26 July 2013

Depression: Realizing when something is wrong

Content Note: This post contains discussion of depression, child abuse, and death.

This past week's DSMA topic was diabetes and mental health.

This is a hard topic for many.

This is a hard topic for me.

I've had depression for a long time, for many years before I was diagnosed, although, looking back, I would say I've had depression since 6th-7th grade. For reference, other people didn't realize something was wrong until the end of 9th grade. I didn't realize something was wrong until 11th grade. I didn't get the real help I needed until the following summer.

Looking back, I can pinpoint the first time I realized something was horribly wrong, although for other reasons, I didn't do anything about it until much later.

I was sitting in health class, a junior in high school. Boring class, full of busy work, with a teacher who could barely muster to say "penis" and "uterus" when it came time for the giggly sex education part of the class.

But this section of the class was different. We were talking about child abuse and how to recognize it and common misconceptions about child abuse. To illustrate the points, we each had to read a news article.

I don't remember the names or many of the "important factual details" from the story. I remember that a young boy suffered his whole life at the hands of both his parents. I remember that they eventually killed him, shoved him in a refrigerator, and left the fridge, abandoned by the side of a dirt road.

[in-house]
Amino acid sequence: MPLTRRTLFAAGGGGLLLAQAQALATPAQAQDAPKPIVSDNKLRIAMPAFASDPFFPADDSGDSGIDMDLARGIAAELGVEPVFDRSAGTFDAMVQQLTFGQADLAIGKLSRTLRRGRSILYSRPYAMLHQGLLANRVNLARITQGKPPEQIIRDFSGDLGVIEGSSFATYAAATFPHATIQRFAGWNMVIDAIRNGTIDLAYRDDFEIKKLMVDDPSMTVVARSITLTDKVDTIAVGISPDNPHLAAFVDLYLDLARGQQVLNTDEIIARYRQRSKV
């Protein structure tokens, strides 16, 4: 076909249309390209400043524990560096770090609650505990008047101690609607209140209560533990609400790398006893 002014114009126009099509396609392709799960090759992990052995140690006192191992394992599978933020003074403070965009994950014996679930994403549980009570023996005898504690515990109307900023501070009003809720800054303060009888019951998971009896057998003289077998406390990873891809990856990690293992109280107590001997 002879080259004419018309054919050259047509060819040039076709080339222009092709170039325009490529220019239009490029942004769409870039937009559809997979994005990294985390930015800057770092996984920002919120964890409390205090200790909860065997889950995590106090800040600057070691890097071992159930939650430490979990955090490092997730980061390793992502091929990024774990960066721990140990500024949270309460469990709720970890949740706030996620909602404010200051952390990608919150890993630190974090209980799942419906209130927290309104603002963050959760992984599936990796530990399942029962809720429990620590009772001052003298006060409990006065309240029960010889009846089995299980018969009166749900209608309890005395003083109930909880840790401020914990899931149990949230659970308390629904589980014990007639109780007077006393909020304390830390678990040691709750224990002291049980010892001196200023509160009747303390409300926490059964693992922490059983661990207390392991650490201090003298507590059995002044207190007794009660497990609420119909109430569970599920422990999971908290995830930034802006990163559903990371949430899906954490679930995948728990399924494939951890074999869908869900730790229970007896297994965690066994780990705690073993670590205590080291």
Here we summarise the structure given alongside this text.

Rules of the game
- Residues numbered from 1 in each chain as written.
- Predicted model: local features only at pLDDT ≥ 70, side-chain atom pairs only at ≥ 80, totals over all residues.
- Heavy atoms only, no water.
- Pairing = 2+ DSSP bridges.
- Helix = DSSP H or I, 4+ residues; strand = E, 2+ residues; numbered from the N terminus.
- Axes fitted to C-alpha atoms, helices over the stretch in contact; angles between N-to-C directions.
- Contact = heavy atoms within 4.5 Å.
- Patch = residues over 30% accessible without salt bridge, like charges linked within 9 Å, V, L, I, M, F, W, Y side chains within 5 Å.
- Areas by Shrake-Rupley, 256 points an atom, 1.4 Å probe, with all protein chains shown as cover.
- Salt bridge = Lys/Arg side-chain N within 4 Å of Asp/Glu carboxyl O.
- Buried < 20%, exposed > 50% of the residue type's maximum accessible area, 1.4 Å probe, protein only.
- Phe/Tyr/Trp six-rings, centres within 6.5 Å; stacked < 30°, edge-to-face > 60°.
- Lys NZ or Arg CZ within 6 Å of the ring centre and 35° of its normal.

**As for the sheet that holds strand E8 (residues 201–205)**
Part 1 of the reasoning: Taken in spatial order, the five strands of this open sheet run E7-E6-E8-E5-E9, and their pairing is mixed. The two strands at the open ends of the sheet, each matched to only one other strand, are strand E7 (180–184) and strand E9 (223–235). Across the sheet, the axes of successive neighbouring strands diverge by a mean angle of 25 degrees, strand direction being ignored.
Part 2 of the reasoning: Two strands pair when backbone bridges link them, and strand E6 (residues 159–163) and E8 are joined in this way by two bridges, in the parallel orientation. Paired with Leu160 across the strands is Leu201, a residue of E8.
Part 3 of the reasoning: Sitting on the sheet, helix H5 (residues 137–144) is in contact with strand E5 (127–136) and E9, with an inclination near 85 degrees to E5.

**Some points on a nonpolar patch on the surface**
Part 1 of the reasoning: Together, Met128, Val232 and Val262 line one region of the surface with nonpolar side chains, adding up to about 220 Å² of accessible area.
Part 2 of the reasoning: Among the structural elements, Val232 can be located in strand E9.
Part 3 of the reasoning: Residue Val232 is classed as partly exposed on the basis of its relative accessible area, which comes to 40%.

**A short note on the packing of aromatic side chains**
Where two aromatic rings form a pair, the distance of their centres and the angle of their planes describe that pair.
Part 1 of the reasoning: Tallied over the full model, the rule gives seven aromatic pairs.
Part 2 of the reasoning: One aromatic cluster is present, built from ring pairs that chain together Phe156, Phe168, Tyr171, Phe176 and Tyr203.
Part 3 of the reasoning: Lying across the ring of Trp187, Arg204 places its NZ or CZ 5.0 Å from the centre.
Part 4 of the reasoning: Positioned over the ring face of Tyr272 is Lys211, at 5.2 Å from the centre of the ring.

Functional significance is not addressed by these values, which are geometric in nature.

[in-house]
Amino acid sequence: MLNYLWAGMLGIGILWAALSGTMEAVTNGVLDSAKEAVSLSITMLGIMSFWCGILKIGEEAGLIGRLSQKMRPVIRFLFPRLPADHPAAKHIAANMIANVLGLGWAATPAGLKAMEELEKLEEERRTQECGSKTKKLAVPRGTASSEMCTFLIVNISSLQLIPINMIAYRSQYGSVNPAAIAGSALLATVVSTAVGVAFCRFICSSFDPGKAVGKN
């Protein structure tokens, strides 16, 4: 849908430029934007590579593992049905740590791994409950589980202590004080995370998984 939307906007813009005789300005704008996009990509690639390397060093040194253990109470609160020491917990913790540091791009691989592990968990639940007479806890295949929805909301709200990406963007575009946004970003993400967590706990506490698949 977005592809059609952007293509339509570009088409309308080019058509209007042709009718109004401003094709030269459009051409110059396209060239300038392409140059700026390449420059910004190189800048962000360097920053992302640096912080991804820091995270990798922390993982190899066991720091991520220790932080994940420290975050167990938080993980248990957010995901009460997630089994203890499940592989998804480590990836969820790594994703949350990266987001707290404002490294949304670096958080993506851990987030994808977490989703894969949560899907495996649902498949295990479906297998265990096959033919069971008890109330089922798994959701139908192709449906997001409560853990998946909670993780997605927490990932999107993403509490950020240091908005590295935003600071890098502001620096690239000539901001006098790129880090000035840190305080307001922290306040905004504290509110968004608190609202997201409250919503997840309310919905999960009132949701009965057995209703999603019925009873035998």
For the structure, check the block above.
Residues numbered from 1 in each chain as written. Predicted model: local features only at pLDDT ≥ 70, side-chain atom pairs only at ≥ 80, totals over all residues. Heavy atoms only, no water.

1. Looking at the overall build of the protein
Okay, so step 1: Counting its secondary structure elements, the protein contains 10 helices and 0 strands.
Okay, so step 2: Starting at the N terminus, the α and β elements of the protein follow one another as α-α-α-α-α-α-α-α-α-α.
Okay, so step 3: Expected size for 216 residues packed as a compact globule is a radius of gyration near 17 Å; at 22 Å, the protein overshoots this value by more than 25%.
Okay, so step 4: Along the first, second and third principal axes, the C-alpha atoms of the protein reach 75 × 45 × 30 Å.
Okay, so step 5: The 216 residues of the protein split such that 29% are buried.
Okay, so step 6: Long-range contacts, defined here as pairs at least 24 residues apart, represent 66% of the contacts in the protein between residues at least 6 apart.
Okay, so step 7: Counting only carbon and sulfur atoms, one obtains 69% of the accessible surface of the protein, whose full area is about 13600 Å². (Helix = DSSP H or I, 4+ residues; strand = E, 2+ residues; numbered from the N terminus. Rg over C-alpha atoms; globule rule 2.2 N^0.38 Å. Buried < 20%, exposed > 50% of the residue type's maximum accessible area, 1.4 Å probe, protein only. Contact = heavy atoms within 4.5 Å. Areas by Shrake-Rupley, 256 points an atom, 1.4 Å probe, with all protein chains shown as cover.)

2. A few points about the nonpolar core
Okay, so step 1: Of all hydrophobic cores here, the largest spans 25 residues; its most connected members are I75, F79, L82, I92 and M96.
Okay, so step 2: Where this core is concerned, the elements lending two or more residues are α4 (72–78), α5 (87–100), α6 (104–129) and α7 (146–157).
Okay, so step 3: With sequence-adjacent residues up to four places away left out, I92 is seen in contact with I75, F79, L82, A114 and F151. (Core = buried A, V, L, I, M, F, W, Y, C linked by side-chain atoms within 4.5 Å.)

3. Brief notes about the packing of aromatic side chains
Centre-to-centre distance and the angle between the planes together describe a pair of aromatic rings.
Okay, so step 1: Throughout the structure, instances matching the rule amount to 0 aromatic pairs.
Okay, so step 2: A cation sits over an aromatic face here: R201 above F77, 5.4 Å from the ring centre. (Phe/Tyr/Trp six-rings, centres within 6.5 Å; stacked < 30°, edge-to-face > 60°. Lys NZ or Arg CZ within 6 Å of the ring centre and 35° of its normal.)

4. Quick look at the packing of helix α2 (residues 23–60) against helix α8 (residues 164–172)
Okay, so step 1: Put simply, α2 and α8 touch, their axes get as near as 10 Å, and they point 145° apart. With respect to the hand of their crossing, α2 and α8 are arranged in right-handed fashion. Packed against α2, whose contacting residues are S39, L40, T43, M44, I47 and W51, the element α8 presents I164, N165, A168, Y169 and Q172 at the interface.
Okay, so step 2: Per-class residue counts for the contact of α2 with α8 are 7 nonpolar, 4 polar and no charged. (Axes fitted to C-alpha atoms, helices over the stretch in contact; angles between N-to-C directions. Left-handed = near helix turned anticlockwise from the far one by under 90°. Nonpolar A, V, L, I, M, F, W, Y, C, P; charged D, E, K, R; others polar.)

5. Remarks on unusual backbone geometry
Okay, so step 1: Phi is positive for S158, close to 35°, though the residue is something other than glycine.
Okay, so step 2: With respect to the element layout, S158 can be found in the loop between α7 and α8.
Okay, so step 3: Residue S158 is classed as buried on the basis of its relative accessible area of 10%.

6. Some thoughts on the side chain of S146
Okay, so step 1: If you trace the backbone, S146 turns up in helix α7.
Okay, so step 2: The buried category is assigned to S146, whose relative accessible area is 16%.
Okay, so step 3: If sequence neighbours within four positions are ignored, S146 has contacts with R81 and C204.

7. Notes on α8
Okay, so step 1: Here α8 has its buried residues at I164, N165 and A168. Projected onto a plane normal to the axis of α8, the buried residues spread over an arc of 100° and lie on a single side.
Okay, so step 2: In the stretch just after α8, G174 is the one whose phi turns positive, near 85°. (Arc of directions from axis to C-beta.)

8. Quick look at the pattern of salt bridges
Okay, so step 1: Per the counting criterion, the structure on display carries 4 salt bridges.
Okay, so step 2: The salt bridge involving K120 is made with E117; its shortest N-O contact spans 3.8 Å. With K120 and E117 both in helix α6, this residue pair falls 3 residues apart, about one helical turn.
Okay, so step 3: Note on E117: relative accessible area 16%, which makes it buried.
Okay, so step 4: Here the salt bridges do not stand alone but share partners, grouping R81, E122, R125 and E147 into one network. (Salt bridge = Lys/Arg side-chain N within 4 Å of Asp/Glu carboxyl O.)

I remember reading this story and feeling nothing. There was no shock, no sorrow, no sickness in my stomach. I remember looking at my other classmates, most of whom I had joked with earlier about a teacher teaching sex ed who couldn't even name body parts without coughing or mumbling, and they were in tears or trying not to puke.

Over the years, I had learned to fake my emotions, so no one would really know how bad I was. I instantly told myself I had to cry. I had to cry and make myself look sick to my stomach. I had to fit in with the rest of the class.

And while I was making myself shed a tear, I remember thinking how messed up this was.

I'm making myself cry over a story about child abuse and a death.

Yeah, but everyone dies. I'm going to die eventually, and other people will have to make themselves cry over my death.

But this is a child. An innocent child.

Life sucks.

Why does it have to suck? Why do people have to be assholes?

Because that's how the world works.

And I realized how numb I had made myself. I was so numb, I couldn't even be truly saddened by evil people doing evil things.

And that, for a moment, terrified me. It terrified me how far gone I was.

But I quickly swallowed the terror, allowed a tear to hit my copy of the story, and told myself being numb was the only way to survive.



Many years later, with emotion, reading other people's struggles with depression, like Allie at Hyperbole and a Half, or Jenny Lawson (AKA The Bloggess) (On a side note, if you have not read Let's Pretend This Never Happened, go read it. Right now. I have never laughed harder. Never.), reminds me that I'm not alone in the fight. Depression is a dirty, sneaky asshole. It cheats. It deceives. It is a liar.

If depression has you, know that you are not alone, even though it feels like it. Allie has been there. Jenny has been there. I have been there. And while we might not be able to give you the medical help, we can be there for you. We can be moral support, without the shame, without the stigma.

2 comments:

  1. We are definitely not alone! Thanks for this post :)

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  2. Thanks for sharing this - this is one of those posts that I would guess you don't ever get a good idea how many people you might have reached or help by sharing.

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